The gilded flicker
(Colaptes chrysoides) is a large-sized woodpecker (mean length of 29 cm (11 in))
of the Sonoran, Yuma, and eastern Colorado Desert regions of the southwestern
United States and northwestern Mexico including all of the Baja Peninsula except
the extreme northwestern region
Golden yellow underwings
distinguish the gilded flicker from the northern flicker found within the same
region, which have red underwings.
female - no
The gilded flicker most
frequently builds its nest hole in a Cordon cactus, excavating a nest hole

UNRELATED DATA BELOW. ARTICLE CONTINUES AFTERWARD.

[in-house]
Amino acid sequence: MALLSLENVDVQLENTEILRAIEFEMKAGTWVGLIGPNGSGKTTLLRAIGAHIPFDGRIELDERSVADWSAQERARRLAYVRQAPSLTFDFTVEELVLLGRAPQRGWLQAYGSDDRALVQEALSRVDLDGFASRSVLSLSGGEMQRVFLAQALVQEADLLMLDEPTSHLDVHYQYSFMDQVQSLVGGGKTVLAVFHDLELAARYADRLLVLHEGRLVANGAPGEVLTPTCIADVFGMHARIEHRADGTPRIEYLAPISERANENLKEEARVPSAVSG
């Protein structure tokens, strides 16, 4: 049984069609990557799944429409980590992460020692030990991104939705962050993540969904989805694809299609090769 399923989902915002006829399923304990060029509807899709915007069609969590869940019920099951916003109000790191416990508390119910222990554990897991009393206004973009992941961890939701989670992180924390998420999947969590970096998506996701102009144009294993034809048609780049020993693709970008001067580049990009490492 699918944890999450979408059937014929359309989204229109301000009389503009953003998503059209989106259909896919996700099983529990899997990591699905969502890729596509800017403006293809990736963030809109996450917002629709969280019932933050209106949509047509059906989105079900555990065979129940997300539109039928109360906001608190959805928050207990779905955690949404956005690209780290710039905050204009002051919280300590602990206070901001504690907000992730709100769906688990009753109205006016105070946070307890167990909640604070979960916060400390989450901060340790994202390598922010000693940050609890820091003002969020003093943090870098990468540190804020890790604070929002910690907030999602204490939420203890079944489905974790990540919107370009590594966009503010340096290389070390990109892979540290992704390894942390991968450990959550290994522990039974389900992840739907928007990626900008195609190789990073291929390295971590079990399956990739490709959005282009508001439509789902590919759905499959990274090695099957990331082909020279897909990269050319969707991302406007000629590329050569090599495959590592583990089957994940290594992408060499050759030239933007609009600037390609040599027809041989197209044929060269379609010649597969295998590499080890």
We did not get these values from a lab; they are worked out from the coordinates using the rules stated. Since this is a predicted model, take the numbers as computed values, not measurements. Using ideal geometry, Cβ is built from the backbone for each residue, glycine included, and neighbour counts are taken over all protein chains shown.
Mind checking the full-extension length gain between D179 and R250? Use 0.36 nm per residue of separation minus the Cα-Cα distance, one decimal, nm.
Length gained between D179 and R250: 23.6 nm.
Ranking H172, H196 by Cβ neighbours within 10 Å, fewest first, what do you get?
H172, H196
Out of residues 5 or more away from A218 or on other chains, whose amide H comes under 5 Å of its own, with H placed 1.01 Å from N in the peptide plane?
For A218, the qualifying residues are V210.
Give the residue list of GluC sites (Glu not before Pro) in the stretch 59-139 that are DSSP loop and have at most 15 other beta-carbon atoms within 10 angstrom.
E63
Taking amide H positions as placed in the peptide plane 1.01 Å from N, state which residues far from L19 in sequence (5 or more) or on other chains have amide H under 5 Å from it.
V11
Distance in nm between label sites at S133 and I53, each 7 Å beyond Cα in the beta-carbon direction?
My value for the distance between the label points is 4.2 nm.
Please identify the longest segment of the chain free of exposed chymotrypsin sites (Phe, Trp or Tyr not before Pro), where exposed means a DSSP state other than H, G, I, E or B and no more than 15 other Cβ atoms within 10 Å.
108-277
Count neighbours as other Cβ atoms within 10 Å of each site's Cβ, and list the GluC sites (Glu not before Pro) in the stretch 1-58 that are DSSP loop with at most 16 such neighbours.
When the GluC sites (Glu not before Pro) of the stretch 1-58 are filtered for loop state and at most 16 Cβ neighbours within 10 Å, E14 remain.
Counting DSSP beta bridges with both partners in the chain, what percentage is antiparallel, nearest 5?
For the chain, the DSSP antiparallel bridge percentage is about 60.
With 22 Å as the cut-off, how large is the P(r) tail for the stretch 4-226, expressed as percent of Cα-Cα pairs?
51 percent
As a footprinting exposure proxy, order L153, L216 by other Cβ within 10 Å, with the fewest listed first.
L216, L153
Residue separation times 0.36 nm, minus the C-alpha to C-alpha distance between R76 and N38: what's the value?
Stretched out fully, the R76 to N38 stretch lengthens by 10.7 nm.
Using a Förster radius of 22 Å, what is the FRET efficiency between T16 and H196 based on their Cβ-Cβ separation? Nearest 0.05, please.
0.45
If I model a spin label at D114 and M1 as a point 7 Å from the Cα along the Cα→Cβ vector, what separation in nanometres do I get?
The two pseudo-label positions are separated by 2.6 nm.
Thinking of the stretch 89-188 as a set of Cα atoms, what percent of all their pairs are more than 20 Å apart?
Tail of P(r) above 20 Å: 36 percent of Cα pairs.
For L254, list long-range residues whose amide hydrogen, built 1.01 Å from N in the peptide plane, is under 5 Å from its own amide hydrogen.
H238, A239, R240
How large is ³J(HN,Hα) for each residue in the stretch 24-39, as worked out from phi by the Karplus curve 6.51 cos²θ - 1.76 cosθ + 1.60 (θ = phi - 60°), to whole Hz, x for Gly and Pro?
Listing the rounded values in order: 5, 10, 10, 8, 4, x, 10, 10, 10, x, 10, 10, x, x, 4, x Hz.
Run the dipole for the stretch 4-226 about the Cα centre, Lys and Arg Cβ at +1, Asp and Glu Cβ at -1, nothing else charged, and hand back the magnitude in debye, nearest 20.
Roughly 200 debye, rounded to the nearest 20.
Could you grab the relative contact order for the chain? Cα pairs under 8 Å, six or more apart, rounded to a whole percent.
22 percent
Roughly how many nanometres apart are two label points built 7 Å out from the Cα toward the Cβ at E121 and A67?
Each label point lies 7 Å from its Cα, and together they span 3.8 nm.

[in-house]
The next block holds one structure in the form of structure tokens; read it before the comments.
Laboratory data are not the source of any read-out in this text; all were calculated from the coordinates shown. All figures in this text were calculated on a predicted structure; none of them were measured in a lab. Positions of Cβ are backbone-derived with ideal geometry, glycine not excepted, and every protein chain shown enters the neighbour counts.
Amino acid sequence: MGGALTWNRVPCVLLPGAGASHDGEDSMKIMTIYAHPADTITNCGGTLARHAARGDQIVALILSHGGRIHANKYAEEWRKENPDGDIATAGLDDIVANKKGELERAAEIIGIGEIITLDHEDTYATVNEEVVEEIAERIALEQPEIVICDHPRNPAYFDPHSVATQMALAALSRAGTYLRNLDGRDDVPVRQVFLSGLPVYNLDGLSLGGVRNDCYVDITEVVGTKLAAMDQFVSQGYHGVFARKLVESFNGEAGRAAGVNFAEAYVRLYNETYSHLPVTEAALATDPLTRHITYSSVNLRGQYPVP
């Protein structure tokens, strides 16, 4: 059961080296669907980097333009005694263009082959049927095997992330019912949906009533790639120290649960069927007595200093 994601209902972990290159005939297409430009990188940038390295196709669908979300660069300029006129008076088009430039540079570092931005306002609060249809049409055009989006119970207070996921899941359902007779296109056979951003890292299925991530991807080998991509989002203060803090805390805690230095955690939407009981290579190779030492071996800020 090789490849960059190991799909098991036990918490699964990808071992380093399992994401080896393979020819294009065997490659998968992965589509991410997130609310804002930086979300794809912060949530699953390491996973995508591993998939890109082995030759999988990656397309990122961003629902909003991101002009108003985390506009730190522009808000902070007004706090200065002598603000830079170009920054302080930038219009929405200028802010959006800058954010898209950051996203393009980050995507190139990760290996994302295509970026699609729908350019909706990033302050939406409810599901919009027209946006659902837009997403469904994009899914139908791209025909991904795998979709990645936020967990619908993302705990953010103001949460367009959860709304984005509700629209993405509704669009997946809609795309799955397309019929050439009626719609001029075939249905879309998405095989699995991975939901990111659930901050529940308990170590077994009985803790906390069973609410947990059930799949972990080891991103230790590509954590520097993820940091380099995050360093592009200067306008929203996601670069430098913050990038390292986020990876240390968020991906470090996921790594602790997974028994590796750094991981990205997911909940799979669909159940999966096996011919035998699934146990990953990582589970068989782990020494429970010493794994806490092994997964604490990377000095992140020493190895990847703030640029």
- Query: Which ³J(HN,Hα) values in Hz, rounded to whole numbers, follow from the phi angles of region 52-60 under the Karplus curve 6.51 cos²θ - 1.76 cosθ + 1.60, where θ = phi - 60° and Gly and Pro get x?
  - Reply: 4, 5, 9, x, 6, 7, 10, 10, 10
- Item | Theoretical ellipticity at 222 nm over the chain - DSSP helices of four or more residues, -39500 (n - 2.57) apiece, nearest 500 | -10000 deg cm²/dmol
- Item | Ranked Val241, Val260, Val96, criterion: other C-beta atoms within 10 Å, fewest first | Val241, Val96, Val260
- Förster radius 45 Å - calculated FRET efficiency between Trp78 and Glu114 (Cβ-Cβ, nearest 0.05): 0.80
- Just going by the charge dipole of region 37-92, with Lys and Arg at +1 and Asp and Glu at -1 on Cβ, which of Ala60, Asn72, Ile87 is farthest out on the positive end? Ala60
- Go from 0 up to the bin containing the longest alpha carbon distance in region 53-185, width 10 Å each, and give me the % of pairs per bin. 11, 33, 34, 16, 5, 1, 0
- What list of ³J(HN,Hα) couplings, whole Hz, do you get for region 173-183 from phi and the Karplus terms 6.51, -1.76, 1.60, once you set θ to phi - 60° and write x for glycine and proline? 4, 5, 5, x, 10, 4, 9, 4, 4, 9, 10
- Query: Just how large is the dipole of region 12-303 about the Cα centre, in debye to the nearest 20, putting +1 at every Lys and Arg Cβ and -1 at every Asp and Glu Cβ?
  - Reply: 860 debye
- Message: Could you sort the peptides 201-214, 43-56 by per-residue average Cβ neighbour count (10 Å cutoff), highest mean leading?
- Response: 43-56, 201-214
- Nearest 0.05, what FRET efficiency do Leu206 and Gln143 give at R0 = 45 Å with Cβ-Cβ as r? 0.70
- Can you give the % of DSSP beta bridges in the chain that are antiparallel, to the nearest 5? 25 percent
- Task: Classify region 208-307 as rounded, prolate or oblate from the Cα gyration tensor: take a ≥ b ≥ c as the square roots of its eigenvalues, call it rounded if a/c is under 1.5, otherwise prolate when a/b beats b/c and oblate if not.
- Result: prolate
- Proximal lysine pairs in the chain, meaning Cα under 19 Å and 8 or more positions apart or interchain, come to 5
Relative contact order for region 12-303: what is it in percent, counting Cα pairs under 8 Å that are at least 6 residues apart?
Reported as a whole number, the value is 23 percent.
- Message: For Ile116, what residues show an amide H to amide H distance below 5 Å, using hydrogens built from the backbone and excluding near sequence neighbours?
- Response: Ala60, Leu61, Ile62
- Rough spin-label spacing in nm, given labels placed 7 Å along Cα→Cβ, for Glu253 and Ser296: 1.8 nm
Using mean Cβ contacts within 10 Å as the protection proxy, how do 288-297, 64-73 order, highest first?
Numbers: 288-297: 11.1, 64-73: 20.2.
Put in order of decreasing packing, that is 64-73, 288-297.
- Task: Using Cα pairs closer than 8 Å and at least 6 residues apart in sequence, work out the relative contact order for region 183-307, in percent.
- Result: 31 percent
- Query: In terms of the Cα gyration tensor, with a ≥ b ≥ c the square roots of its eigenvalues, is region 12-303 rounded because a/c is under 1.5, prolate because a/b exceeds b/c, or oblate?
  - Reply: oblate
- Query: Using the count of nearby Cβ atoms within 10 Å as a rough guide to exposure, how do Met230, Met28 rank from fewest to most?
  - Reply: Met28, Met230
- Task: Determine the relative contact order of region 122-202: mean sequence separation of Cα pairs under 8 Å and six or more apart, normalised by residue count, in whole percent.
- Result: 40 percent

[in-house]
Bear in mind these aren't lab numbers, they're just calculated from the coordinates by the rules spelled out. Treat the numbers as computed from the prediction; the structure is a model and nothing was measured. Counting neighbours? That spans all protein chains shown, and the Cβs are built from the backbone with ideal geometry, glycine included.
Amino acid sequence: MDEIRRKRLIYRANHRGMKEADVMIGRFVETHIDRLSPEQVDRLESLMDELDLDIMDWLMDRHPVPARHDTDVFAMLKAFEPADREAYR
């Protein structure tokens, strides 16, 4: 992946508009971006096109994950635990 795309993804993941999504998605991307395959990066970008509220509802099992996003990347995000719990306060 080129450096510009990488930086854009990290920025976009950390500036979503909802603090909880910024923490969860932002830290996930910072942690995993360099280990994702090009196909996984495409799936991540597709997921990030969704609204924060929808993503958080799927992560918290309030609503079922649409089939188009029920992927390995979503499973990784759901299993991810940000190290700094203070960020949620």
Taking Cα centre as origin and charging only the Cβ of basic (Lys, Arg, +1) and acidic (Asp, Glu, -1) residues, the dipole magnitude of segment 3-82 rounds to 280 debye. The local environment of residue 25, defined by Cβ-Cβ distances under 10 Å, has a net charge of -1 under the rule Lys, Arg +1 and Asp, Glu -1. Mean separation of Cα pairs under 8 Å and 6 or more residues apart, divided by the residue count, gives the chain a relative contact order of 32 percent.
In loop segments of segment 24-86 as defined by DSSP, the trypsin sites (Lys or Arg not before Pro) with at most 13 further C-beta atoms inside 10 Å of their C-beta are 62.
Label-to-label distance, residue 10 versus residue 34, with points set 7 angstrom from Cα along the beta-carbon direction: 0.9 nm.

nearer the top than the ground. The cactus defends itself against water loss
into the cavity of the nesting hole by secreting sap that hardens into a
waterproof structure that is known as a boot.
White rump patch good
Northern flickers, on the
other hand, nest in riparian trees and very rarely inhabit saguaros. Gilded
flickers occasionally hybridize with northern flickers in the narrow zones where
their range and habitat overlap.
male has red on
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